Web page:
top of page
Experience Modification Rate Review
Inflated Mods cost you money and business.
EMR mistakes are the #1 Error we find.
If you need a lower Experience Modification Rate RIGHT NOW, there is ONLY 1 WAY TO REDUCE YOUR MOD IMMEDIATELY. That is through and independent audit to identify the reporting errors and get corrections processed.
All the other mod reduction strategies involve either changing programs ("to buy down your mod") or implementation of new safety programs to reduce claims. Those are great opportunities to reduce your experience modification factor. But, none of the benefits will show up in your experience modification rate until your 2nd renewal from now (email or call if you'd like me to explain this for you).
And, there are Experience Modification Rate errors.
These errors are frequent; much more so than you imagine. And, those errors are very expensive; inflating premiums for 3 years or more.
As stated on our Premium Audit page, the frequency of errors are what allow us to work on a contingency; not billing clients for our time, but, rather, a percentage of the refunds we obtain for you.
Regarding Experience Modification Rating errors, don't just take our word for it. Listen to what NCCI says is the 2nd most common reason for revised experience mods; "correction reports!" Specifically, corrections of payroll and claims data.
Even though NCCI says that correction reports are the 2nd most common reason why experience mods are revised, we suspect this is just the tip of the iceberg with Experience Rating Errors far more common.
And, the reason you may have never discovered mistakes in your own Experience Modification Rate, is that most don’t understand how many moving parts there are to promulgating an accurate experience mod. Your experience modification rate is important. And, conducting a proper audit of an experience mod is very time intensive and requires a number of documents.
So, when you or your broker perform an experience mod review what is the objective? To make sure your experience mod is correct, right?
But, in all likelihood, your review is performed with as little information as your experience mod worksheet and currently valued loss runs. Maybe some Modmaster reports telling you what your experience mod would be without any claims, breakdown of the claims most impacting your mod, or some other what-if analysis. Good information. But is your experience modification rate correct?
Here is a list of of what you need in front of you to determine whether or not your experience mod is accurate:
· Experience mod worksheet
· Loss runs for the last 5 years valued on your valuation date (the date your insurance carrier is supposed to transmit your data to NCCI)
· Final audit statements for the last 3 years
· Auditor's worksheets for the last 3 years
· Copies of (or expert knowledge of) Experience Rating Plan manual rules and applicable state rules and regulations
At least one set of necessary documents, the Auditor’s Worksheets, are considered confidential by insurance companies and won’t be released to anybody but an officer of your company.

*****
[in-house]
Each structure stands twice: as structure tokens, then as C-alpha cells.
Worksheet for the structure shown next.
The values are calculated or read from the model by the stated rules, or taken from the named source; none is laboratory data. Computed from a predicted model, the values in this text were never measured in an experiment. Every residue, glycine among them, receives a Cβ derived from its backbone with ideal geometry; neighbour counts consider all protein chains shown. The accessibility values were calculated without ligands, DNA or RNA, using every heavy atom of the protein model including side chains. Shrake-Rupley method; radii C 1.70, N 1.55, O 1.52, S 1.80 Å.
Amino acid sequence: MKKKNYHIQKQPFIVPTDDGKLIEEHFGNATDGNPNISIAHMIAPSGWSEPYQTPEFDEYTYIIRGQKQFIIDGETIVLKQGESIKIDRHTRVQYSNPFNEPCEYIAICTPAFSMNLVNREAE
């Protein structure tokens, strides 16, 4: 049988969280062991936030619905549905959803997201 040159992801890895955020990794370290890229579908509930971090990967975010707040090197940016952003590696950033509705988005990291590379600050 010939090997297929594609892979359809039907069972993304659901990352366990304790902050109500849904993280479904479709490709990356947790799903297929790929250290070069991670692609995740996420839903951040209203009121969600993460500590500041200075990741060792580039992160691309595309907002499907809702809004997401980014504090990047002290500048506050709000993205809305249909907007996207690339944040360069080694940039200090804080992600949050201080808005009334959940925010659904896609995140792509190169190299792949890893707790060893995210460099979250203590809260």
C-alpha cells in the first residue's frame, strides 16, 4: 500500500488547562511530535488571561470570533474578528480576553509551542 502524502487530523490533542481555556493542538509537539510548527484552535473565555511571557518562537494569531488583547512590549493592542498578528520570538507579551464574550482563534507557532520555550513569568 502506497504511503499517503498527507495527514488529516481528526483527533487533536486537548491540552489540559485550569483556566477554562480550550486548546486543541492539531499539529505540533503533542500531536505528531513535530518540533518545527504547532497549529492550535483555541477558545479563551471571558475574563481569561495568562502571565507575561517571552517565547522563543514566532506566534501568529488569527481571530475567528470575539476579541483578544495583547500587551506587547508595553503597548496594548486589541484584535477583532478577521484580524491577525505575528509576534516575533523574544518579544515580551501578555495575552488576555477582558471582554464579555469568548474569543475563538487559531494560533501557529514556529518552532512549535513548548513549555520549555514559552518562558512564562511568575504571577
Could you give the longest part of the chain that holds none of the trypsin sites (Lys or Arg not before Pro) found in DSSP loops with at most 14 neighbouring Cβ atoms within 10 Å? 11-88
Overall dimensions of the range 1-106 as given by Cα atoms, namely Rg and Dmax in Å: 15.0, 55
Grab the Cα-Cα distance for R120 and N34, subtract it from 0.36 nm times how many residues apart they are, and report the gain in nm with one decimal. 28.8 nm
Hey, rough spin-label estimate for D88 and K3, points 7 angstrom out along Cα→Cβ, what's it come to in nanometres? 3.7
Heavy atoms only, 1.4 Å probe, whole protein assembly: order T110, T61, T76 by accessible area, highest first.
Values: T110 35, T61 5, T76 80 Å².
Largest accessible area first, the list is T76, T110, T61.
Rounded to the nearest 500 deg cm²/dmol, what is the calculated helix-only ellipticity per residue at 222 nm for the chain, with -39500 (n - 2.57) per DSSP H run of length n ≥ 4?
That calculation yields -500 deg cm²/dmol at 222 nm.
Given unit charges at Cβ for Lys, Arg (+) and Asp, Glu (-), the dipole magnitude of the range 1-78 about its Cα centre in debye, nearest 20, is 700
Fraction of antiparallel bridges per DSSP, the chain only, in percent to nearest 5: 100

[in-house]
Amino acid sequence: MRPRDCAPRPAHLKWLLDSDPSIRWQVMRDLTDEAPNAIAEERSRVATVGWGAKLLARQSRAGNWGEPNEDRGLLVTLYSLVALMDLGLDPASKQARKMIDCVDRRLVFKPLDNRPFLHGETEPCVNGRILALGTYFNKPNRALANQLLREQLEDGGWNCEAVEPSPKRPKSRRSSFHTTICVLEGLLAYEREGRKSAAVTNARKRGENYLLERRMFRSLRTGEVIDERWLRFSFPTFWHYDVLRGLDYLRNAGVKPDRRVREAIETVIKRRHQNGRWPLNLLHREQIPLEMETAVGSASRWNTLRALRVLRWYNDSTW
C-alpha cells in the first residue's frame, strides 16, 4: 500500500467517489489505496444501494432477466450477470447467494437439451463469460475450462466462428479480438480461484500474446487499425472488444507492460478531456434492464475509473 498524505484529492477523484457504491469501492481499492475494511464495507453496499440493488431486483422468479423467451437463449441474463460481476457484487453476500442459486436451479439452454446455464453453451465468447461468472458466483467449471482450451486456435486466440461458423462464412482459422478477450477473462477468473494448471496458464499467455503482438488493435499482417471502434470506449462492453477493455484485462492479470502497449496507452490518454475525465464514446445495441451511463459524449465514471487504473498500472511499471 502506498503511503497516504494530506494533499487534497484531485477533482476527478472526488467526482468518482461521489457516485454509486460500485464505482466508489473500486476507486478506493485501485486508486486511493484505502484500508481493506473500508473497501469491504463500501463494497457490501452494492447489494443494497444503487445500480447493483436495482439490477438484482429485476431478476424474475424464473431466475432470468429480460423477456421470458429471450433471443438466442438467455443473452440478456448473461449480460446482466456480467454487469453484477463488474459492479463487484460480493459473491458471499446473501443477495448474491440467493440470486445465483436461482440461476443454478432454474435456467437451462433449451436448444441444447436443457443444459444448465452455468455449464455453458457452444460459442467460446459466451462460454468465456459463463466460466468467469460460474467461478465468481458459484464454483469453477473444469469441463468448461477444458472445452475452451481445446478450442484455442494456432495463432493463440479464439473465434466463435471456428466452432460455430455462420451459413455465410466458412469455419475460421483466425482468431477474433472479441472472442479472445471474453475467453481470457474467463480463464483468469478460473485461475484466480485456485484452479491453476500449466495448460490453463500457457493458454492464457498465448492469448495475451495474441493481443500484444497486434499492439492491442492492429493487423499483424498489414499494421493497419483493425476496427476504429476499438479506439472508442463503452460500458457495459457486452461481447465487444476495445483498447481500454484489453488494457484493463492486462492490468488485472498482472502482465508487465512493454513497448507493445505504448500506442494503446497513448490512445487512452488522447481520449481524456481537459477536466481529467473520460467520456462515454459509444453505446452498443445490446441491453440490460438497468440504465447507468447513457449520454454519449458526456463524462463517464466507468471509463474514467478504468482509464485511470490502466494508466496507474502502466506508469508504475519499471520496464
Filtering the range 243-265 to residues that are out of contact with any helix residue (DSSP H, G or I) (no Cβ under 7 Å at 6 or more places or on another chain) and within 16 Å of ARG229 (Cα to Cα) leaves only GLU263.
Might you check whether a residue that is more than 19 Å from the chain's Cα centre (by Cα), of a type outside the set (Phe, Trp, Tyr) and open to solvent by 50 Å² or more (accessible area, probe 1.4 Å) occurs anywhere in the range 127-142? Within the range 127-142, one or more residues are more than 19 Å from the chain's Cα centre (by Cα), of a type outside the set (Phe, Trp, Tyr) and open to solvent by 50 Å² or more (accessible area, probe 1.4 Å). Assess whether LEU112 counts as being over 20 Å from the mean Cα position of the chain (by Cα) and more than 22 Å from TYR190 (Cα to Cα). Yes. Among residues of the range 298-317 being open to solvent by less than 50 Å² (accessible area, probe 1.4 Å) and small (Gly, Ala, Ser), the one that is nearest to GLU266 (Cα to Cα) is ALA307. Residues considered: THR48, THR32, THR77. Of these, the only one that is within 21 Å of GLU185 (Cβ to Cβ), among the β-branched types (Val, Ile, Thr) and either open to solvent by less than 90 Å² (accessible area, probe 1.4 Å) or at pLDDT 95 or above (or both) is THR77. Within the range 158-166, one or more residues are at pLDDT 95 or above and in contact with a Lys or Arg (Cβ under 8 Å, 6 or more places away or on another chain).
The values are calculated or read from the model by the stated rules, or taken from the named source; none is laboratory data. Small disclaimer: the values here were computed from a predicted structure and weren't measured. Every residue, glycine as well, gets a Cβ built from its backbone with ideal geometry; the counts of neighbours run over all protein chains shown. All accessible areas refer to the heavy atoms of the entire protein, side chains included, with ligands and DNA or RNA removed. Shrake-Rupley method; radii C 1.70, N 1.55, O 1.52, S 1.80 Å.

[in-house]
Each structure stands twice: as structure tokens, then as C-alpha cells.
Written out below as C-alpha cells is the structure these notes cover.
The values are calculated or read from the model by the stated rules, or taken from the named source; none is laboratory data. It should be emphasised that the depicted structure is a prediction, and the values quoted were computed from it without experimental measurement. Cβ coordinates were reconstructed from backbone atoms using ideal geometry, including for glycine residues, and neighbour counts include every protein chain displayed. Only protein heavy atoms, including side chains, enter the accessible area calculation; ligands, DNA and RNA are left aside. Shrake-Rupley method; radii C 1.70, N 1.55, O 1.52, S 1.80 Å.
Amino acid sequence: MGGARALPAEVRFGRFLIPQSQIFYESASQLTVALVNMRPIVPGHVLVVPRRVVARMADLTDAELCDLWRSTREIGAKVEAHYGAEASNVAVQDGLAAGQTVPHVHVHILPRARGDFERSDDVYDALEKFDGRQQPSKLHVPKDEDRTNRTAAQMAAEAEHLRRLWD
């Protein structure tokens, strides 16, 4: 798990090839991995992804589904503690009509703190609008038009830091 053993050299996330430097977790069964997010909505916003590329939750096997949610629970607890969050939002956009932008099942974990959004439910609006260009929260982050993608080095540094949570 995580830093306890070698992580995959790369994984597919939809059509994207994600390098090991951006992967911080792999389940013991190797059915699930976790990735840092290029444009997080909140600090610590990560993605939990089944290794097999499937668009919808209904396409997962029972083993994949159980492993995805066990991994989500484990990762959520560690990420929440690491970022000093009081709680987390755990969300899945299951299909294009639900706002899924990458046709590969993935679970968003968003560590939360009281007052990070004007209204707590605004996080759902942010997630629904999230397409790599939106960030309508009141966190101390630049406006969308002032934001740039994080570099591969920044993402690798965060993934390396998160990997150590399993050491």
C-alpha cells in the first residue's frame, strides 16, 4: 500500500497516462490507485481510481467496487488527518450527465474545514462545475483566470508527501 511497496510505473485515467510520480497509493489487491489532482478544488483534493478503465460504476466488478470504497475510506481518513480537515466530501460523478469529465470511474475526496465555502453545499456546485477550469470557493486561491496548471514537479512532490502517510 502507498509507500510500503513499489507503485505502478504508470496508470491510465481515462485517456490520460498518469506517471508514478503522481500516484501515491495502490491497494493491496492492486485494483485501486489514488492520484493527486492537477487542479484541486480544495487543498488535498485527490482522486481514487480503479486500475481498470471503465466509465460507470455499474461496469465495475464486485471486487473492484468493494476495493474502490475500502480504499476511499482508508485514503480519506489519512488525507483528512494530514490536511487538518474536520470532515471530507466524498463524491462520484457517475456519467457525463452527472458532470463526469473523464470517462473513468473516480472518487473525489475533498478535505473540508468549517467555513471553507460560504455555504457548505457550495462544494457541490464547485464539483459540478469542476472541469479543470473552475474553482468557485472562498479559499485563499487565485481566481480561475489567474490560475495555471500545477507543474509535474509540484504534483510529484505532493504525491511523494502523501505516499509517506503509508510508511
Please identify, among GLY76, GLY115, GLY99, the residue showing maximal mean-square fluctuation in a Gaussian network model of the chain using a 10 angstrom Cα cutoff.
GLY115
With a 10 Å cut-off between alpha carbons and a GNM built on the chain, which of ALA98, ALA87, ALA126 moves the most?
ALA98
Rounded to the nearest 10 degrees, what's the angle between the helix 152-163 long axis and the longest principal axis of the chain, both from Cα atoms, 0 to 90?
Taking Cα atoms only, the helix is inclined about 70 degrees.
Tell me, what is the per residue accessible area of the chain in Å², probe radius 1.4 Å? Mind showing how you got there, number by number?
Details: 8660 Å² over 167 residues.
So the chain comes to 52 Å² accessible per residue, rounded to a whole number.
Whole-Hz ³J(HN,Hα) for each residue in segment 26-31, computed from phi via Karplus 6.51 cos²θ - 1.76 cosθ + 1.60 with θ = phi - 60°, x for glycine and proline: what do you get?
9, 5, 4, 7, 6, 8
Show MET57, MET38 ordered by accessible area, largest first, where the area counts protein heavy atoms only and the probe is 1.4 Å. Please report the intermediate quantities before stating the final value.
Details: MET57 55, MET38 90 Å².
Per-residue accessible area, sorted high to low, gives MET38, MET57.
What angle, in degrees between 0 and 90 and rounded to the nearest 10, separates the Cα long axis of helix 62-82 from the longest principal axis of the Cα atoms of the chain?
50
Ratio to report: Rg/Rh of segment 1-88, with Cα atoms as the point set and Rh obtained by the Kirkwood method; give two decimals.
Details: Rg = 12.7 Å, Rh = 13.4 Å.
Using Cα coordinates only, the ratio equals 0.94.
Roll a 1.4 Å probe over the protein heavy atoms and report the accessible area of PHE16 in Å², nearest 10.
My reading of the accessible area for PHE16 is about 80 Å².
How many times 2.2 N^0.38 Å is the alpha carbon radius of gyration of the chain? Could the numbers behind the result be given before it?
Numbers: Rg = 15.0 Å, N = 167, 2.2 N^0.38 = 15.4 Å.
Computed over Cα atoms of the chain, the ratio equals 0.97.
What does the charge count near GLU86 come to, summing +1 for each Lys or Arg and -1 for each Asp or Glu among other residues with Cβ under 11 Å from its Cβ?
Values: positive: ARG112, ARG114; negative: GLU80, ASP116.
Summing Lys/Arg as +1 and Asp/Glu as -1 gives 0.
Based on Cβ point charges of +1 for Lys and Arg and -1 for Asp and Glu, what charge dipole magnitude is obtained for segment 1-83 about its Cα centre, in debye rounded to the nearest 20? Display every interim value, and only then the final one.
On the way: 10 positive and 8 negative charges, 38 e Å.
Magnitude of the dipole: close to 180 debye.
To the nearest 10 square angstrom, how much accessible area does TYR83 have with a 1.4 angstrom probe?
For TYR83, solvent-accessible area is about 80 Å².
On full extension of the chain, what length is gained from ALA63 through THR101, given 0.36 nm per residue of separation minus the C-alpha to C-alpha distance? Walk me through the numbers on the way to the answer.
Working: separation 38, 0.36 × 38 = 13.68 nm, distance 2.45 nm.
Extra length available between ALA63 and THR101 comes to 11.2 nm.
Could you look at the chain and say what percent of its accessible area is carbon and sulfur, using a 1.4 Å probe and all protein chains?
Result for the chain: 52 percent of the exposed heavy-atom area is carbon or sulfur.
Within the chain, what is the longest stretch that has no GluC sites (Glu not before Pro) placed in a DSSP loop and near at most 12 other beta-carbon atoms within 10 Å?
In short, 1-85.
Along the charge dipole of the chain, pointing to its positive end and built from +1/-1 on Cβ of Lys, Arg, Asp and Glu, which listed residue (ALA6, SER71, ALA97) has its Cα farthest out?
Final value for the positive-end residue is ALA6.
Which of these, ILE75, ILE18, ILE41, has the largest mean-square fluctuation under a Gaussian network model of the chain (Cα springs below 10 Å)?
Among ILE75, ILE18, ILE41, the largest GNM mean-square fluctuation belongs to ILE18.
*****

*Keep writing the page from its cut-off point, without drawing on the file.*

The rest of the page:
Even with the necessary documentation you still need both the necessary technical knowledge and the time to do a thorough analysis. It can take many days (for someone who knows what they're doing) to perform a comprehensive review depending on the size of your company, number of claims, number of states where you operate, number of business units, classifications, etc.
Learn More By Reading Our Posts On Experience Modification Rating. Click The Arrow To Scroll Through.
PROPER CLASSIFICATION & CAPTURE OF WORK COMP PAYROLL
Your experience modification rate is a measurement of your actual claims experience relative to your expected claims experience. Expected claims is based on your company size (payroll) and how your employees are classified. If your employees are graphic designers or architects, you are going to have insignificant expected work comp claims compared to, say, a roofer.
So, accurate classification of employees and determination of work comp payroll (both determined by your insurance company auditor) is as important to the determination of your experience mod as claims data. The Auditor's Worksheets (mentioned above) are important because, if your insurance carrier gives you the complete report, they contain a Description Of Operations. The DOO should include a list of class codes your auditor thought applicable to your operations and why. Sufficiently detailed worksheets should also demonstrate how the auditor arrived at work comp payroll by class code and by state (if multi state operation).
Also keep in mind that claims may have unique circumstances that require different reporting depending on the state in which they are reported. This is why it's important, at a minimum, to have at least a good working knowledge of the rules in those state where your business operates.
In order to have a proper mod review whose goal is to determine your experience mod's accuracy, you need to have an auditor who specializes in workers' compensation insurance perform a comprehensive premium audit on your program. While they're at it they may find cost saving opportunities beyond your experience mod too. It would be a good idea to take a look at our warning signs and reach out if you'd like assistance for any other reason.
bottom of page